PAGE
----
TeachStreet's launch of a Portland, Oregon, version of its teacher-student connection services has a lot to teach us about the evolution of Web services. The service, which lets students search for local teachers and teachers to offer classes to local and national student audiences, is where education is going: Toward increasingly customized one-on-one learning.
The company has had its Seattle community up for about five months and it is well populated with Seattle classes. For instance, if I wanted to sharpen my bonsai skills, there are six beginner-level courses in bonsai in Seattle now, among more than 55,000 classes offered nationally. Portland classes, for example, launches with 488 yoga and 188 meditation courses,among many others, according to TeachStreet. Students can create profiles of their interests and post reviews of their experiences in class.
TeachStreet is the Learning Annex for the 21st century and more, if teachers realize that their services are truly valuable outside the mainstream school and we find a way to validate credits for academic courses that doesn't involve school district bureaucracy. The future of education lies in this kind of ad hoc learning facilitation. TeachStreet already lets you explore background information about teachers, it is a reasonable leap to imagine a day when the company helps students verify their own learning credentials.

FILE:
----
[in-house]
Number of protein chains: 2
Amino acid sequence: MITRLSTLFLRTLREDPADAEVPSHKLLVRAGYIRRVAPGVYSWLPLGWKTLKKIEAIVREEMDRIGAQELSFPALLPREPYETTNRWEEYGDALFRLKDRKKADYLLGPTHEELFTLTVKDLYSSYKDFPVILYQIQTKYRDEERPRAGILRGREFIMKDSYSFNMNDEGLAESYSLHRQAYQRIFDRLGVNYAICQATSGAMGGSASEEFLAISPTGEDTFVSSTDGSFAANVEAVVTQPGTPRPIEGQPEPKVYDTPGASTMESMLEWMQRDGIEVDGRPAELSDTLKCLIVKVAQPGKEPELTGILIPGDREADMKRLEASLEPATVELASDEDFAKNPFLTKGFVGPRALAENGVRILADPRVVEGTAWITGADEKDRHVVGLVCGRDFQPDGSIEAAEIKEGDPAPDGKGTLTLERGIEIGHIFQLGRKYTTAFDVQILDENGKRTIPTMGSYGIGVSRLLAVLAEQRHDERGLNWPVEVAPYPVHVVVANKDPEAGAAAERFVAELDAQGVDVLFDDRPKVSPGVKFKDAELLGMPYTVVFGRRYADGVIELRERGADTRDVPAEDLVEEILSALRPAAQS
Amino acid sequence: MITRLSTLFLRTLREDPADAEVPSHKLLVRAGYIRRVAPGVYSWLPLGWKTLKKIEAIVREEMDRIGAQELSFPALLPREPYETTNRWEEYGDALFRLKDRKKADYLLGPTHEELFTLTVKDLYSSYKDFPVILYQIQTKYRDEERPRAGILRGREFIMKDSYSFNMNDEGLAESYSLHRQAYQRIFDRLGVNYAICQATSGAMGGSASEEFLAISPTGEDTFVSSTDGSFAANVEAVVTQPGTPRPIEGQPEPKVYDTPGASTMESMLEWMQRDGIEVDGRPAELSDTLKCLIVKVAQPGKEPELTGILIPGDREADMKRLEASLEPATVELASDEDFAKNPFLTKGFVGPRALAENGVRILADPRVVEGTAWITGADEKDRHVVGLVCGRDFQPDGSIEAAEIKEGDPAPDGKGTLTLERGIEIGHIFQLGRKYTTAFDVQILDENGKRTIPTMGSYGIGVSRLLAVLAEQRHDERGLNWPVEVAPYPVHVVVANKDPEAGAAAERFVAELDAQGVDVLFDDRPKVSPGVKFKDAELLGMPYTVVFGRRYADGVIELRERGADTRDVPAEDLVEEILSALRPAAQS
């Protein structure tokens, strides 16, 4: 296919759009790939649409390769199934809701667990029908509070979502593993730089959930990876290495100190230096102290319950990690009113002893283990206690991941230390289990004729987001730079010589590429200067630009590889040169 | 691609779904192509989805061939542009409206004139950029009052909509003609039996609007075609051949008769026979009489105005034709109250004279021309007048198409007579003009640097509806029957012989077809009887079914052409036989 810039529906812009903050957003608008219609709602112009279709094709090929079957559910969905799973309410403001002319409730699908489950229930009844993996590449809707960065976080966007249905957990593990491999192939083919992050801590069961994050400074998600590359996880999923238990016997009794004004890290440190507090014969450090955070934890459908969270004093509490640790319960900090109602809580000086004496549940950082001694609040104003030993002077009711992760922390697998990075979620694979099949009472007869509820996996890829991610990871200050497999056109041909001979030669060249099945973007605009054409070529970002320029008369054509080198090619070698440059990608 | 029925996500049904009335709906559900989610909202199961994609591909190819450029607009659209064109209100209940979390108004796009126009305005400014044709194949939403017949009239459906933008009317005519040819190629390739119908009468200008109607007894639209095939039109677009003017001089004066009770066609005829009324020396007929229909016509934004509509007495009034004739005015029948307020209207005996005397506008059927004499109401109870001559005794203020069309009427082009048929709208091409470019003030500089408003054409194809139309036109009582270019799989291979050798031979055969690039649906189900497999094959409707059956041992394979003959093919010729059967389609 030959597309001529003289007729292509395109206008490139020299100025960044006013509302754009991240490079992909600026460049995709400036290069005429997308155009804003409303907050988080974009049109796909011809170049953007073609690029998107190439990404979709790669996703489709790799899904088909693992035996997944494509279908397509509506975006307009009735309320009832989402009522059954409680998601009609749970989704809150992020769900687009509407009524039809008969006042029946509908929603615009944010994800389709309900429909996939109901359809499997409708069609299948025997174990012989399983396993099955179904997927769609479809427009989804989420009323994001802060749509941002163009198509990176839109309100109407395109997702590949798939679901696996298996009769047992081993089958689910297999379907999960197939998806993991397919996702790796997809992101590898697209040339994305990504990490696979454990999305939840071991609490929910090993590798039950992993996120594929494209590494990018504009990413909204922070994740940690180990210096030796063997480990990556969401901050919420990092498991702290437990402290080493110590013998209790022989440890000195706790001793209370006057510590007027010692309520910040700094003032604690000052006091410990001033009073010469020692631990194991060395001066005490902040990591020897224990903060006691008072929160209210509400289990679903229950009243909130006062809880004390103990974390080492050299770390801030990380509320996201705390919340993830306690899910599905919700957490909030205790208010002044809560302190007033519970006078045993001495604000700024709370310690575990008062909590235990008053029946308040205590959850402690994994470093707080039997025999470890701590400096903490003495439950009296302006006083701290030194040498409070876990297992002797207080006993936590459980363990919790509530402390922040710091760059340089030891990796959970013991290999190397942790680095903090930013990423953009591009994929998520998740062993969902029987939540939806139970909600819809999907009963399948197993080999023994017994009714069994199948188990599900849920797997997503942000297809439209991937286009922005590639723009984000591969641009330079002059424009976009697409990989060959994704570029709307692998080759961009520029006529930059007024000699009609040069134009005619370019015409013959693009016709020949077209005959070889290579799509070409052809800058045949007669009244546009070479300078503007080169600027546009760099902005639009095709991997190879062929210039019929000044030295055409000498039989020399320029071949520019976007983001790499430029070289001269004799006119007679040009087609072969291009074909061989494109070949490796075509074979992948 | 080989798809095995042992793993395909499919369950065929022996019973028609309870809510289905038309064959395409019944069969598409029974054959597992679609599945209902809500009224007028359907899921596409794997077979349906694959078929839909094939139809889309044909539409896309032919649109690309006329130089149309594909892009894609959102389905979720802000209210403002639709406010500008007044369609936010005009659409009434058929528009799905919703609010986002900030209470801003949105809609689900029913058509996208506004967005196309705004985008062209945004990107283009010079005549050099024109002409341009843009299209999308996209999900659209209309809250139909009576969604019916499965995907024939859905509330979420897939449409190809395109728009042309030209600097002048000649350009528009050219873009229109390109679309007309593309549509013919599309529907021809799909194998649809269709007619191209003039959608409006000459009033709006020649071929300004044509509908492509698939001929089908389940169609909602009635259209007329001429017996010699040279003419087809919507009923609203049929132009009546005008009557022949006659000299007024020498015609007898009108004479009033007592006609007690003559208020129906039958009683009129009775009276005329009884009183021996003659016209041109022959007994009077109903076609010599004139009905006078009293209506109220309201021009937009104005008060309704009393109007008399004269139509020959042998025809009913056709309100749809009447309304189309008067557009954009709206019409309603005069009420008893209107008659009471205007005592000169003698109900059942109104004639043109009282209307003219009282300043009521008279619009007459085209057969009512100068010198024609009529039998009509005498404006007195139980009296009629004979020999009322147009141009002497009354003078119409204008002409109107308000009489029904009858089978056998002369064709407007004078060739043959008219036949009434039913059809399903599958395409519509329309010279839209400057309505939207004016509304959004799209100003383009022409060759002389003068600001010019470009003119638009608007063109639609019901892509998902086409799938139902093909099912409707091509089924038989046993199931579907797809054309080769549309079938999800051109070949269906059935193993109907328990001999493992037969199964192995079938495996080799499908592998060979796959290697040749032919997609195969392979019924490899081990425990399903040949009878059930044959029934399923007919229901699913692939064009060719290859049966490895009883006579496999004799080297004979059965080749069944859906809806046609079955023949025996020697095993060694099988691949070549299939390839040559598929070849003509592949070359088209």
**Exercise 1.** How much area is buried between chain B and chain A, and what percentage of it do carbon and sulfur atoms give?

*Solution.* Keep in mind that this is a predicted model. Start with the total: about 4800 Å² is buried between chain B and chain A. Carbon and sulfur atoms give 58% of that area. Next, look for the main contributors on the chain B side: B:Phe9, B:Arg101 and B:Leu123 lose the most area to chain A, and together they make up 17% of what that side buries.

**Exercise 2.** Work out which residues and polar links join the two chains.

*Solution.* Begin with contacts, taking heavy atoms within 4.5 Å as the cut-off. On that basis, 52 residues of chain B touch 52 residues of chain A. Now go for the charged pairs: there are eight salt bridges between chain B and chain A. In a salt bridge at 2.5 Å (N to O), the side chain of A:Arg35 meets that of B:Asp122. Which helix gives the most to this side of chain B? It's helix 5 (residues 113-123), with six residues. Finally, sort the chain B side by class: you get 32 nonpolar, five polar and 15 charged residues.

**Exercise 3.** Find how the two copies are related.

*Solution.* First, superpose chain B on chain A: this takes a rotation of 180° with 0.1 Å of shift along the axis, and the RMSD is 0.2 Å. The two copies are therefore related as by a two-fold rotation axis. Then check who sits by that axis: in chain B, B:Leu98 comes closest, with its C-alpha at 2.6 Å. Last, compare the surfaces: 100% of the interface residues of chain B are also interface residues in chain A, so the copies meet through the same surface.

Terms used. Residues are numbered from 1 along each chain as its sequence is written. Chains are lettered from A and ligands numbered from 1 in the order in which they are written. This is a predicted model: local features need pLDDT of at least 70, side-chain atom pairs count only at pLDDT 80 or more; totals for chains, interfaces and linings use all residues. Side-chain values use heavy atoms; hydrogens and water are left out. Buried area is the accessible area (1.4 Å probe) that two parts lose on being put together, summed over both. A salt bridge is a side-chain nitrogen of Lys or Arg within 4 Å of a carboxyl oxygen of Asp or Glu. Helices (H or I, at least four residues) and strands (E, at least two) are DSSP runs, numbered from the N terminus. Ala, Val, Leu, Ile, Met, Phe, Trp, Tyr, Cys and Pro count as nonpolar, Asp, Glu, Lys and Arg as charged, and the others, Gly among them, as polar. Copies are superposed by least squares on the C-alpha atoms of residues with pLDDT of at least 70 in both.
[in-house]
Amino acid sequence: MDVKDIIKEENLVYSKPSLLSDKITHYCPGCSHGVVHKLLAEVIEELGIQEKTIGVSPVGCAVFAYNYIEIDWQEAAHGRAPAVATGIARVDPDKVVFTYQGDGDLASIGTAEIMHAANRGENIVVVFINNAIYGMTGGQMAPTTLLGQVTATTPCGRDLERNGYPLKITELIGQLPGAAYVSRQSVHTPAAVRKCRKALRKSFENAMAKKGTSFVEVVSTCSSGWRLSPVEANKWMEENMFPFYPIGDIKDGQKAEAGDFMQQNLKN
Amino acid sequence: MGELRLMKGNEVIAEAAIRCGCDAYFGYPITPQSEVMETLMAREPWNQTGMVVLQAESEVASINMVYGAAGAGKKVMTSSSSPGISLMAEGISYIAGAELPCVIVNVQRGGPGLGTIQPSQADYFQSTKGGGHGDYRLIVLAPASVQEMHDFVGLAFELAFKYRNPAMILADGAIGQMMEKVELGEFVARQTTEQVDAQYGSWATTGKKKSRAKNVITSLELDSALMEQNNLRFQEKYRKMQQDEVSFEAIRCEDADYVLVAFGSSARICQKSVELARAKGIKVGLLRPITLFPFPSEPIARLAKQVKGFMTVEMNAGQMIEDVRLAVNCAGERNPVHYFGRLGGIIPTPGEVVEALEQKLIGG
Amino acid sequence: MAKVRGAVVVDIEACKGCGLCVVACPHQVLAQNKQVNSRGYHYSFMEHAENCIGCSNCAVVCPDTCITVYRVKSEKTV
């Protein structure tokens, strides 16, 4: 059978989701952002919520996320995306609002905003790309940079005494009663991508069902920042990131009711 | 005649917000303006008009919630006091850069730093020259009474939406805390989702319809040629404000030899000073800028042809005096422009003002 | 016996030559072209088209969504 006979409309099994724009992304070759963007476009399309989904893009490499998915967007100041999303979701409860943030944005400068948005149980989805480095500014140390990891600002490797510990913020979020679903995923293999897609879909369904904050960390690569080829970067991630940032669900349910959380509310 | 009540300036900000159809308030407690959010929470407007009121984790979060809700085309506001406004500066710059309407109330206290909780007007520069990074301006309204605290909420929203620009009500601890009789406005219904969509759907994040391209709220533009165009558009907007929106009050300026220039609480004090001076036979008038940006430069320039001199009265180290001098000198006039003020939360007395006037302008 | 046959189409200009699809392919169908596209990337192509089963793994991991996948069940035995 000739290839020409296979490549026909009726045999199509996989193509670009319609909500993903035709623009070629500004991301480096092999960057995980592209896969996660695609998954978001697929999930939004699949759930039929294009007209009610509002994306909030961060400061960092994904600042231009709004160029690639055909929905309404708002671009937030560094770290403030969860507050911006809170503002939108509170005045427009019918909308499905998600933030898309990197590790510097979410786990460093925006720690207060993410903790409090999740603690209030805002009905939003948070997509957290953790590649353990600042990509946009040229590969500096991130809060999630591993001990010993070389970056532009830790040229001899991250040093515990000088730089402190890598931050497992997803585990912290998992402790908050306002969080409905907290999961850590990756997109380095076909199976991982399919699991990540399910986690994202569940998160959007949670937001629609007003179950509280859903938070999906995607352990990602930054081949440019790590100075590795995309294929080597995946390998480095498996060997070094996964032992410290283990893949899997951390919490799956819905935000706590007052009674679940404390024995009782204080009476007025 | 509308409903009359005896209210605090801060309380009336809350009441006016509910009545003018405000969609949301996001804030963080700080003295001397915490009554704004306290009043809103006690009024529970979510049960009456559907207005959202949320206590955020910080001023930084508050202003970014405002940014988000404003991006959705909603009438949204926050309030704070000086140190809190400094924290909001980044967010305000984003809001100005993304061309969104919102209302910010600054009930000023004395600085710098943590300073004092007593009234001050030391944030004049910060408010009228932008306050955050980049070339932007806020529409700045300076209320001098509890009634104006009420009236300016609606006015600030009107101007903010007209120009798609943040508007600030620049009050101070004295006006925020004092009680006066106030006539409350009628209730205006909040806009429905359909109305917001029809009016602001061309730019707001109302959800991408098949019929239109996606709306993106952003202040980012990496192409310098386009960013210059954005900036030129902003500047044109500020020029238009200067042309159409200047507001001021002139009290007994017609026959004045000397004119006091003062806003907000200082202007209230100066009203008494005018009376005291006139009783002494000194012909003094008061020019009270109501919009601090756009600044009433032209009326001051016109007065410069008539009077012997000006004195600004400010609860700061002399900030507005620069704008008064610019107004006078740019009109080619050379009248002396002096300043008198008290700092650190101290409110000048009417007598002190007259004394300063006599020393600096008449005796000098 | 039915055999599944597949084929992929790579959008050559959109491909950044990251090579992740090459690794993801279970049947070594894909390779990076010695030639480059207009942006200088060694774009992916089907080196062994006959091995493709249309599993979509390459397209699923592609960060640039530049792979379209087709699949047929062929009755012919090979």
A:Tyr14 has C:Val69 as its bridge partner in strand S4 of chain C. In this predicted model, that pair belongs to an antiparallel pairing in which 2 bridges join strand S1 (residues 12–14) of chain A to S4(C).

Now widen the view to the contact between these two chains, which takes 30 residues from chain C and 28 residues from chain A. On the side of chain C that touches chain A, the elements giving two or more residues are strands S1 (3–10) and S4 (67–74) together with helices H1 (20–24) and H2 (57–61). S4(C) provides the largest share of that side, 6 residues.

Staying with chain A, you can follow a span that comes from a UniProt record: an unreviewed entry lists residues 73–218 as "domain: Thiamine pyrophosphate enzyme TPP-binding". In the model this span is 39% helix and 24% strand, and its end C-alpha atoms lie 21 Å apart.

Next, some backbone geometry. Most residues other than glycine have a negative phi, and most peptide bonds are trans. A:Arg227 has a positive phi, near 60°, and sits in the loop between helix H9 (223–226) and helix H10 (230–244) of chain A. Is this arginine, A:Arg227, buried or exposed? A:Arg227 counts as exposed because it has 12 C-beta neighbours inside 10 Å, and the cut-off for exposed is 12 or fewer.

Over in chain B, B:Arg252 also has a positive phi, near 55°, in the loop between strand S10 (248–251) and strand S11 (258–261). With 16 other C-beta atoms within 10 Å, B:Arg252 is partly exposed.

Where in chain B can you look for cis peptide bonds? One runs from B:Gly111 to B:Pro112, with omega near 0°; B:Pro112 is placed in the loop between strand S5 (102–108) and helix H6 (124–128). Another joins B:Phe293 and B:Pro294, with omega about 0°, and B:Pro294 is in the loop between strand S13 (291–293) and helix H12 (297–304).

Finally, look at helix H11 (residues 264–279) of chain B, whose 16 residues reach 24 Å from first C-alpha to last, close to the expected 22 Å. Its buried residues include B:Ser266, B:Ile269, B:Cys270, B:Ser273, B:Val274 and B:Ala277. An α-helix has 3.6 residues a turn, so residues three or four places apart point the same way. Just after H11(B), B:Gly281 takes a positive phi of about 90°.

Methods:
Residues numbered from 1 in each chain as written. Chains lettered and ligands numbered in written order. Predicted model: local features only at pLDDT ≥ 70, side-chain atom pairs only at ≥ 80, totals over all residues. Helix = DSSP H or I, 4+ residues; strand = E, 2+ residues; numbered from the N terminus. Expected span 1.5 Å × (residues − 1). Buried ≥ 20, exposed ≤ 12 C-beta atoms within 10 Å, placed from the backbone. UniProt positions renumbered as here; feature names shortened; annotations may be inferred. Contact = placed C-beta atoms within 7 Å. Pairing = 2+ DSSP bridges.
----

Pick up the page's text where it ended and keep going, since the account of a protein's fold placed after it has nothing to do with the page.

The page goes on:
TeachStreet is free. The presence of Google ads on the pages points to a business model that profits from creating and helping teaching stars with everything from marketing and advertising to scheduling and credentialing. There are a variety of "freemium" services that can ride atop the robust traffic created by free class listings, just as EBay and Craigslist have spawned complementary economic systems.
Despite the IT industry's self-absorption with the early adopter (who's the top Twitterer, FriendFeeder, or at the top of AllTop), the real action in Web (1.0, 2.0 or whatever.0) community building comes much later on the adoption curve, where IT meets traditional inefficient markets, when slow-adopters start to move en masse into online services. One of those moments that tells me there are legs in all sorts of social-enabling services happened on Friday, when a state legislator I know invited me to be his fourth Facebook friend. Facebook isn't trendy for the digerati anymore, but it is still gathering new members because it is becoming commonplace to track friends online. The masses are coming.
Now I find myself contemplating bonsai classes at TeachStreet.
It's a sign that a market is realigning, that a new consolidator of information is afoot.
TeachStreet embraces the mundane topic of finding a belly dancing or massage teacher, making it easy and convenient to find classes online. That's interesting, just as classified advertising is when you realize those mundane 8-point classified ads was responsible for much of the profit margin at newspapers. When you factor in how much money is wasted in the coordination of education today, TeachStreet is downright fascinating.